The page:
BATTLE CREEK, Mich. –
With few clues to go on, Defense Logistics Agency Logistics Operations employee Roger Klaren can help identify a World War II era plane and solve a mystery decades old.
Klaren and his team have been called on hundreds of times by the Defense POW/MIA Accounting Agency to assist in identifying airplane parts from crash sites over 70 years old. If investigators can determine the exact airplane found, they can search flight records and match the crew manifest.
“Roger has been instrumental in helping our section in complying with our first responsibility – to identify the type, model and if possible, tail number of the aircraft involved,” said Howard Mariteragi, manager for the Life Support Investigation and Wreckage Analysis DPAA at Pearl Harbor, Hawaii.
Recently life support investigators reached out to Klaren and his team with photos from a crash site in Papua, New Guinea.
Based on the part numbers provided, Klaren was able to access drawings to positively identify the parts for a P-38 Lightning aircraft using old technical manuals.
“We have a limited supply of technical manual and technical orders covering every aircraft that flew in Vietnam, Korea and World War II,” Mariteragi said.
Klaren identified the plane using drawings he has access to from a local World War II aviation society club. He is a longtime member of Kalamazoo Air Museum
Darrin Sinclair, chief of the DoD Demilitarization Coding Management Office, Logistics Information Services, DLA Logistics Operations, said his organization is often asked to DPAA confirm part numbers of military equipment. But Klaren is a unique asset.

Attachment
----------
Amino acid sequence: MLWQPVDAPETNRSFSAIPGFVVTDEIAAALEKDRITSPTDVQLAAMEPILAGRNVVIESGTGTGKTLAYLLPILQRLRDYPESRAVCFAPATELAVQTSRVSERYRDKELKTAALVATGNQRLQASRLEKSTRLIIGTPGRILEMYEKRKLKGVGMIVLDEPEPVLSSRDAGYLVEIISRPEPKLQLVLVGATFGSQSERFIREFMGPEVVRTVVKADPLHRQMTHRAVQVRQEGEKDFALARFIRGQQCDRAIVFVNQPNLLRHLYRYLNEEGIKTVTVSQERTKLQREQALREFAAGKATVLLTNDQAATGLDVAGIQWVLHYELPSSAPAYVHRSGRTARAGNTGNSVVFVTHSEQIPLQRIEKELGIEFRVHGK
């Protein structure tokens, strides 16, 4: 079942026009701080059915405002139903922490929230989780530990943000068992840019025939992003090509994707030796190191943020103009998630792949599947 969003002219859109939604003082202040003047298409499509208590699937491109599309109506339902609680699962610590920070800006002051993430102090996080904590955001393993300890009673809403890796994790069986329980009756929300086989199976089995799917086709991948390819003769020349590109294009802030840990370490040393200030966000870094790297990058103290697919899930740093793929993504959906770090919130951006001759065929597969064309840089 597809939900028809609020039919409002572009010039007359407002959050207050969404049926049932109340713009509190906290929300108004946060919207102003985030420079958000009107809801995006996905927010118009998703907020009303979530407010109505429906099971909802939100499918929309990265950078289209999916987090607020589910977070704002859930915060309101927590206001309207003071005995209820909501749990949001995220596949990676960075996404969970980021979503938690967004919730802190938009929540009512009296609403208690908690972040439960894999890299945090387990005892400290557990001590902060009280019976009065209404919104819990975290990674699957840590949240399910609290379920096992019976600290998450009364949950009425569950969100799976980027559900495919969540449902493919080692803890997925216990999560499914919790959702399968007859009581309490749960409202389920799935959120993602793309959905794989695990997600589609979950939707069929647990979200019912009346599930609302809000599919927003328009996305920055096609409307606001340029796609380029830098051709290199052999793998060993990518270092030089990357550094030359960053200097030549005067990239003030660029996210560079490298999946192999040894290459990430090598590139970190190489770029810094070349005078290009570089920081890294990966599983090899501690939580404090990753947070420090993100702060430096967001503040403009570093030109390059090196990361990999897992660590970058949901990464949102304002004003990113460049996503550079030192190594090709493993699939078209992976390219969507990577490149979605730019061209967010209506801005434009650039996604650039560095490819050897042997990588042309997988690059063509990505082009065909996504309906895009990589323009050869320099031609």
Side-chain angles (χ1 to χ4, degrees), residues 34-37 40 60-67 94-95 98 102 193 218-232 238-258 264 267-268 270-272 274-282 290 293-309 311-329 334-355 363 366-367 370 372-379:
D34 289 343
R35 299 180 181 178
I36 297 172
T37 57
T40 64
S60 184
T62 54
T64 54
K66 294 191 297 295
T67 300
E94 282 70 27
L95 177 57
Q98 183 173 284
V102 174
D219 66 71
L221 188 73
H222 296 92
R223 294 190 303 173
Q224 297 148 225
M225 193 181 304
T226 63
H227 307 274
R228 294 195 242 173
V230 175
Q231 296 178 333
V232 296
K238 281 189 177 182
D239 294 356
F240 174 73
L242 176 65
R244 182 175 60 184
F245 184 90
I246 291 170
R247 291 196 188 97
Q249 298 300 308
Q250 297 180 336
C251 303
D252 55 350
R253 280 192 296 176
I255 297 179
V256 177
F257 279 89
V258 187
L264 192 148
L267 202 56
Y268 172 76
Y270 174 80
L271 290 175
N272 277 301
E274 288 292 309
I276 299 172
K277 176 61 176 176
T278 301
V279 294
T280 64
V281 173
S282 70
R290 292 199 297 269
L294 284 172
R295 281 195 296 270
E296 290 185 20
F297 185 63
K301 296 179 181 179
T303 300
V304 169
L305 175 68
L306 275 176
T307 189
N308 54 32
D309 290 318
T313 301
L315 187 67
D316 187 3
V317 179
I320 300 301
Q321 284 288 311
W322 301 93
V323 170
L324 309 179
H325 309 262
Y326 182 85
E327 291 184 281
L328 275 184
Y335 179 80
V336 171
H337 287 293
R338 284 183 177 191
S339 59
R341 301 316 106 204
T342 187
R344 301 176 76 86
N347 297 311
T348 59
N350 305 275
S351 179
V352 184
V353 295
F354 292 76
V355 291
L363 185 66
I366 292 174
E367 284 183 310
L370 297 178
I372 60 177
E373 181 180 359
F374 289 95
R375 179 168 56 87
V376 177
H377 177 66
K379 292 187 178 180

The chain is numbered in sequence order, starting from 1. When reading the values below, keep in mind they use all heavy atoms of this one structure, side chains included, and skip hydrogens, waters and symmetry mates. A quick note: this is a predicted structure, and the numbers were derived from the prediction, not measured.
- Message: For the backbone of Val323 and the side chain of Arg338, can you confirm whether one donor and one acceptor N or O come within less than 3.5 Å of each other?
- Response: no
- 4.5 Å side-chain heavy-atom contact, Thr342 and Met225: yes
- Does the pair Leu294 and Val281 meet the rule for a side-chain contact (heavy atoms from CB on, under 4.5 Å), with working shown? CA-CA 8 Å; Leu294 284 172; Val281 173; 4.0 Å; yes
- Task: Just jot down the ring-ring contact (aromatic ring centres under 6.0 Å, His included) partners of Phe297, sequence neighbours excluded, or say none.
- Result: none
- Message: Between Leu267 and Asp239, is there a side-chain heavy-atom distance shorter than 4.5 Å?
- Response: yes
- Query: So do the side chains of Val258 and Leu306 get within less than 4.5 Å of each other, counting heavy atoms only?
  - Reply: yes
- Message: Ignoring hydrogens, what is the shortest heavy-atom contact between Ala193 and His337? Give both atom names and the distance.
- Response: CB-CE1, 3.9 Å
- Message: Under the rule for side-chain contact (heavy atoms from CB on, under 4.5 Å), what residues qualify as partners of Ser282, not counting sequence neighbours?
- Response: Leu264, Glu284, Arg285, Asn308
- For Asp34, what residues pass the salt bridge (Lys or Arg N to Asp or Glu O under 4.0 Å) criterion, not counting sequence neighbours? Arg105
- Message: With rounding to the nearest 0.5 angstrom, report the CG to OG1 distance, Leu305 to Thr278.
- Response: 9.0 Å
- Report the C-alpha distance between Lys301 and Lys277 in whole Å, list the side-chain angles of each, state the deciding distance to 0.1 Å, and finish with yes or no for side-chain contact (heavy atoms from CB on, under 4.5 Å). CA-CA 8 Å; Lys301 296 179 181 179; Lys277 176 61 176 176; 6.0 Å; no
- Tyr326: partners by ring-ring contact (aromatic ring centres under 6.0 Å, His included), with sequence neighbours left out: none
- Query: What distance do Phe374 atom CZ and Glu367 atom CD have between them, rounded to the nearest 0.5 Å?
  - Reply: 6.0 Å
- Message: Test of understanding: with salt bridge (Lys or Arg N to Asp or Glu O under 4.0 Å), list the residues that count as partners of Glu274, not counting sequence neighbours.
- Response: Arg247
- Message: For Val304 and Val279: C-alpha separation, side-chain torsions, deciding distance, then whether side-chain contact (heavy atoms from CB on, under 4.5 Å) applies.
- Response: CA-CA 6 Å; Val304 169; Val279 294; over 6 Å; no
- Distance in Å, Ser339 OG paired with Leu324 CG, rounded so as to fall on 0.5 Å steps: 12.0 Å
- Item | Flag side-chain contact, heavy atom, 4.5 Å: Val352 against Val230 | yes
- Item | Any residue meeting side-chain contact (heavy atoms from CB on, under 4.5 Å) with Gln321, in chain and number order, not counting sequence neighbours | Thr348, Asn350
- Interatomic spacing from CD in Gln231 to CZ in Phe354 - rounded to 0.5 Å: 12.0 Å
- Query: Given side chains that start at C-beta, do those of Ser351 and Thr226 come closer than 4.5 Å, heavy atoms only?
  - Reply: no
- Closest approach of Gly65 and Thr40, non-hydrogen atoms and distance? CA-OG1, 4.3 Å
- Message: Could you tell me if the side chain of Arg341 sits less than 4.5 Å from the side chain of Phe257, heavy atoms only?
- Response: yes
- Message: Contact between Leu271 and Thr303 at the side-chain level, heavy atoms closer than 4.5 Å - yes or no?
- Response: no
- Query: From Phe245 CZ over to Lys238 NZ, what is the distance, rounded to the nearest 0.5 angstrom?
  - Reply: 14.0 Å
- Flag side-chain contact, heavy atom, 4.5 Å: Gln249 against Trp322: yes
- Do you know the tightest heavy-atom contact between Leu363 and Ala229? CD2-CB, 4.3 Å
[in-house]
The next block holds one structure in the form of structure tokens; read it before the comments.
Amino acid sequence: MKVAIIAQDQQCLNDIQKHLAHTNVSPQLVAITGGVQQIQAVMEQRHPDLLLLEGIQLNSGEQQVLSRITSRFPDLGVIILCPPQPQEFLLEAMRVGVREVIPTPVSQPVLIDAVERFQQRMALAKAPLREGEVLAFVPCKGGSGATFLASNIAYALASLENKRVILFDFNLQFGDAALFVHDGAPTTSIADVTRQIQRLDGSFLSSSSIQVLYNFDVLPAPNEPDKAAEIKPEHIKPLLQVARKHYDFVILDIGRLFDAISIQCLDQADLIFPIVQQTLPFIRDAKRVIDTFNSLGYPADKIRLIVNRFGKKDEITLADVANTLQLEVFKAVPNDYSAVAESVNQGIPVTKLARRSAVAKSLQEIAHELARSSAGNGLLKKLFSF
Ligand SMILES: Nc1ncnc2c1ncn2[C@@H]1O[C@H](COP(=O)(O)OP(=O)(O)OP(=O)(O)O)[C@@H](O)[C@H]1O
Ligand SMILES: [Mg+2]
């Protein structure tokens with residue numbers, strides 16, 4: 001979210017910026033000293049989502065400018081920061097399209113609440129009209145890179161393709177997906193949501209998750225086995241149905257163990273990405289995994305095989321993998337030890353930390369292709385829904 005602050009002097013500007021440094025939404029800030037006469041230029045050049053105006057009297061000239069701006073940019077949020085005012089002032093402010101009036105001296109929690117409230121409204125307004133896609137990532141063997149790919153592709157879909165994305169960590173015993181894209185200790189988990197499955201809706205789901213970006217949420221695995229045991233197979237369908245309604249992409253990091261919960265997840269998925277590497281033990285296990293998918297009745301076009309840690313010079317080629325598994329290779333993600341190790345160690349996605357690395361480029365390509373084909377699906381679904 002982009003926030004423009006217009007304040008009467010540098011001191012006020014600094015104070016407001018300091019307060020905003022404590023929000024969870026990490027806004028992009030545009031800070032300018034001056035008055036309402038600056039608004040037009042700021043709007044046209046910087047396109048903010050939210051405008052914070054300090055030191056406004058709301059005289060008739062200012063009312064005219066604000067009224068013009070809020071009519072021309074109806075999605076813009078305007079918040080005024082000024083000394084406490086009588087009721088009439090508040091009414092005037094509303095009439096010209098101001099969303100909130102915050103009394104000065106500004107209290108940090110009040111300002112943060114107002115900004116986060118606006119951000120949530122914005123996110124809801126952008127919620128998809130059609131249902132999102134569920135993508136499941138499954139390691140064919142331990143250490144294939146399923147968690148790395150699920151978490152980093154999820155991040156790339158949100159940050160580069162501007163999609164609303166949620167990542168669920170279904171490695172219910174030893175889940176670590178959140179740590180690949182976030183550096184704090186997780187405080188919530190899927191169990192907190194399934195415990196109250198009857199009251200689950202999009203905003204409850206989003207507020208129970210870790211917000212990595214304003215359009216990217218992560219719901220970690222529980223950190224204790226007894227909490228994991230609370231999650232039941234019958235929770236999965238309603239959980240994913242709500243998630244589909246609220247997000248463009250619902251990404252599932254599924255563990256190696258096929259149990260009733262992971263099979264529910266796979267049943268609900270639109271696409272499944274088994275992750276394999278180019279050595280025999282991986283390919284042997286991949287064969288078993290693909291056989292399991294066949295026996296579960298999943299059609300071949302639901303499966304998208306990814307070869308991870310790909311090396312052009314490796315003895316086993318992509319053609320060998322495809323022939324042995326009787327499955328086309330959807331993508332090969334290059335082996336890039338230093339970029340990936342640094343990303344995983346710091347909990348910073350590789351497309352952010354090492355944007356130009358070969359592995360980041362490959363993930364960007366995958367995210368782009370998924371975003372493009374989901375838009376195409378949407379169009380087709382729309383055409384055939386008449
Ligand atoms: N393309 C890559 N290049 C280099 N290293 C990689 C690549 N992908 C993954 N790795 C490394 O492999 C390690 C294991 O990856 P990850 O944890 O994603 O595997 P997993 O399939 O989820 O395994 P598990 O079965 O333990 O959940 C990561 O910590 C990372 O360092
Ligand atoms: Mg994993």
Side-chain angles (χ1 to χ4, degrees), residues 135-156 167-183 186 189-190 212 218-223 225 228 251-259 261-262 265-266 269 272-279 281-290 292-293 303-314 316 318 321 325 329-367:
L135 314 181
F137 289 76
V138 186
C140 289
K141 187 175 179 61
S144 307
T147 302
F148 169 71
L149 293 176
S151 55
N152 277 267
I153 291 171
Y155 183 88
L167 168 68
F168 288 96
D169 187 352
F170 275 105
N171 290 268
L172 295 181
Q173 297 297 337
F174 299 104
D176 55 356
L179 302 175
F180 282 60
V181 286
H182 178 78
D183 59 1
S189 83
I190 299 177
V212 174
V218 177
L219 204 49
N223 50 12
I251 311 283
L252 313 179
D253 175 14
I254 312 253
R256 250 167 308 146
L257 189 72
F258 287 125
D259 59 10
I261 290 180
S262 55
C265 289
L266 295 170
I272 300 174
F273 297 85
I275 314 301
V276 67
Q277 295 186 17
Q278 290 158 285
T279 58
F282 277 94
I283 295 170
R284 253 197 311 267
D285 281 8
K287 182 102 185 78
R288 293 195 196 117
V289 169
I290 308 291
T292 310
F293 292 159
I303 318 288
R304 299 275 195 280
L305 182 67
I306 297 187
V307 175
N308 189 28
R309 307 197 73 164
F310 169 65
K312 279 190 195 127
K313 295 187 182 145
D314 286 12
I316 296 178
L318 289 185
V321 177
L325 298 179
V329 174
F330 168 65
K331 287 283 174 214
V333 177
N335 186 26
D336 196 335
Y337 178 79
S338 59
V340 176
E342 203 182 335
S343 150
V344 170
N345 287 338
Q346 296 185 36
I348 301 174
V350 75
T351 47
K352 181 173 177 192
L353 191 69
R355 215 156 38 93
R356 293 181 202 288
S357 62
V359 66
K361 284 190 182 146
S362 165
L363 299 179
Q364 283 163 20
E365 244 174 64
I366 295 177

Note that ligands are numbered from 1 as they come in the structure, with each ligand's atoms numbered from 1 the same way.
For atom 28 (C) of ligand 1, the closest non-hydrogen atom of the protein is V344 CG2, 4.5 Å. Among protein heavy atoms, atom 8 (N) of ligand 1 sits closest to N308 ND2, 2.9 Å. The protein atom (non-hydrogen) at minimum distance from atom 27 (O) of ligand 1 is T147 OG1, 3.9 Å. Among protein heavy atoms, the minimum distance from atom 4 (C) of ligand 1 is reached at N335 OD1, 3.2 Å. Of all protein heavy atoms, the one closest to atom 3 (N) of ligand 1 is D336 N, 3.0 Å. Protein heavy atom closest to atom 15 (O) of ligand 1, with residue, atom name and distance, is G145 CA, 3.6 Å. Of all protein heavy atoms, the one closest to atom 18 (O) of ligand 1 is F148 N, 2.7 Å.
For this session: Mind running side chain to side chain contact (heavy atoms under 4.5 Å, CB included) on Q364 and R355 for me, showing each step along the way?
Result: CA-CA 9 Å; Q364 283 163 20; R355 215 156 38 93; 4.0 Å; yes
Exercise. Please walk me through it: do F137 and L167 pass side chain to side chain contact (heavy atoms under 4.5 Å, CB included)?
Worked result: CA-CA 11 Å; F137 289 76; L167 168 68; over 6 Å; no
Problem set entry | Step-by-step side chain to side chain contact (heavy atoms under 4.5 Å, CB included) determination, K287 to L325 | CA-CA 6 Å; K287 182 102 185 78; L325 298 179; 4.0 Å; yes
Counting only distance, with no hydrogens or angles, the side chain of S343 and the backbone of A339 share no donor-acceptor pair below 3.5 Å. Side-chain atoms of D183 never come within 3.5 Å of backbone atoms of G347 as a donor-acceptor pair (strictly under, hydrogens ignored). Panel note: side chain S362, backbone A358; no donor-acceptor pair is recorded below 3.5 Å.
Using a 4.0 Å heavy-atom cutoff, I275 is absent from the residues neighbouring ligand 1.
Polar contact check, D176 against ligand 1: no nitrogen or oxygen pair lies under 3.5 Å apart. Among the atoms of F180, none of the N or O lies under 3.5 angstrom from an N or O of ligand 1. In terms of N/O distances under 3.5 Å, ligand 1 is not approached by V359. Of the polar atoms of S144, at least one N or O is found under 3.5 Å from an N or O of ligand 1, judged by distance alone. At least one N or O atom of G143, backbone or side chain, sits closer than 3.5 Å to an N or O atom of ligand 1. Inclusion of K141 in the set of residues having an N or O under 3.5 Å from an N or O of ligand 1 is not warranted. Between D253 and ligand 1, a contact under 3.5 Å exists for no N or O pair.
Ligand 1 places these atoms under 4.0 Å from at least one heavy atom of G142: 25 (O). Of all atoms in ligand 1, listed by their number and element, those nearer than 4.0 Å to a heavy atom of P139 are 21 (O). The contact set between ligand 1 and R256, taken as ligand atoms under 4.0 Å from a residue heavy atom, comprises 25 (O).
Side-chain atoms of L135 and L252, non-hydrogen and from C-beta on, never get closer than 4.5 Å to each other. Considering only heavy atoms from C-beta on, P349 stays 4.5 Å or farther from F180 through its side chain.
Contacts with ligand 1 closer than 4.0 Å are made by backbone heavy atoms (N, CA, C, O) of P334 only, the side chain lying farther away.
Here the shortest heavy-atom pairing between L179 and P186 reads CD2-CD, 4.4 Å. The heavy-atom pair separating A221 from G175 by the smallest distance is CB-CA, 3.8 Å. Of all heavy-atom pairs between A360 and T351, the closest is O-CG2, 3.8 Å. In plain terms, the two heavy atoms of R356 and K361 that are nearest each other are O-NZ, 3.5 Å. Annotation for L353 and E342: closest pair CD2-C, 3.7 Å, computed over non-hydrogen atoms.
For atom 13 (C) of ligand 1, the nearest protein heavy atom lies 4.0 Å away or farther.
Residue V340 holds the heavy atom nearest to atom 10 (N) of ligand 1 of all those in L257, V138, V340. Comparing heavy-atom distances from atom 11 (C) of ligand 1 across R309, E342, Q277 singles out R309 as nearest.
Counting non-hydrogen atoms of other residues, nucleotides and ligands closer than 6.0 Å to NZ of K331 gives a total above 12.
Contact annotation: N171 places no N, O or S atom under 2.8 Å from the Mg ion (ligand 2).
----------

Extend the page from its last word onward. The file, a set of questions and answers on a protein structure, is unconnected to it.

“Roger is amazing,” Sinclair said. “In this case he was able to positively identify the aircraft via drawings he has access to that none of my other techs do because he is a member of a WWII aviation society.”
Identifying the plane and crewmen is like putting together a jigsaw puzzle, Mariteragi said. Once an aircraft part is found, the team tackles the problem of identifying the exact aircraft. From that, they can determine the flight path and obtain the crew list.
“I wish we would have kept track of all the assists and resulting identification of an American lost in a war directly from the information supplied by Roger, but they number in the hundreds,” Mariteragi said. “I really mean it when I say that he has been instrumental in those recoveries.”
The Defense POW/MIA Accounting Agency
conducts global search, recovery and laboratory operations to identify unaccounted-for Americans from past conflicts. Most of DPAA's daily operations involve investigating leads to recover and identify Americans who were killed in action but never brought home.
As of Nov. 20, more than 81,900 Americans remained missing from WWII, the Korean War, the Vietnam War, the Cold War, and the Gulf Wars and other conflicts. Of those, 81,900 missing, 75% are located in the Indo-Pacific and over 41,000 are presumed lost at sea.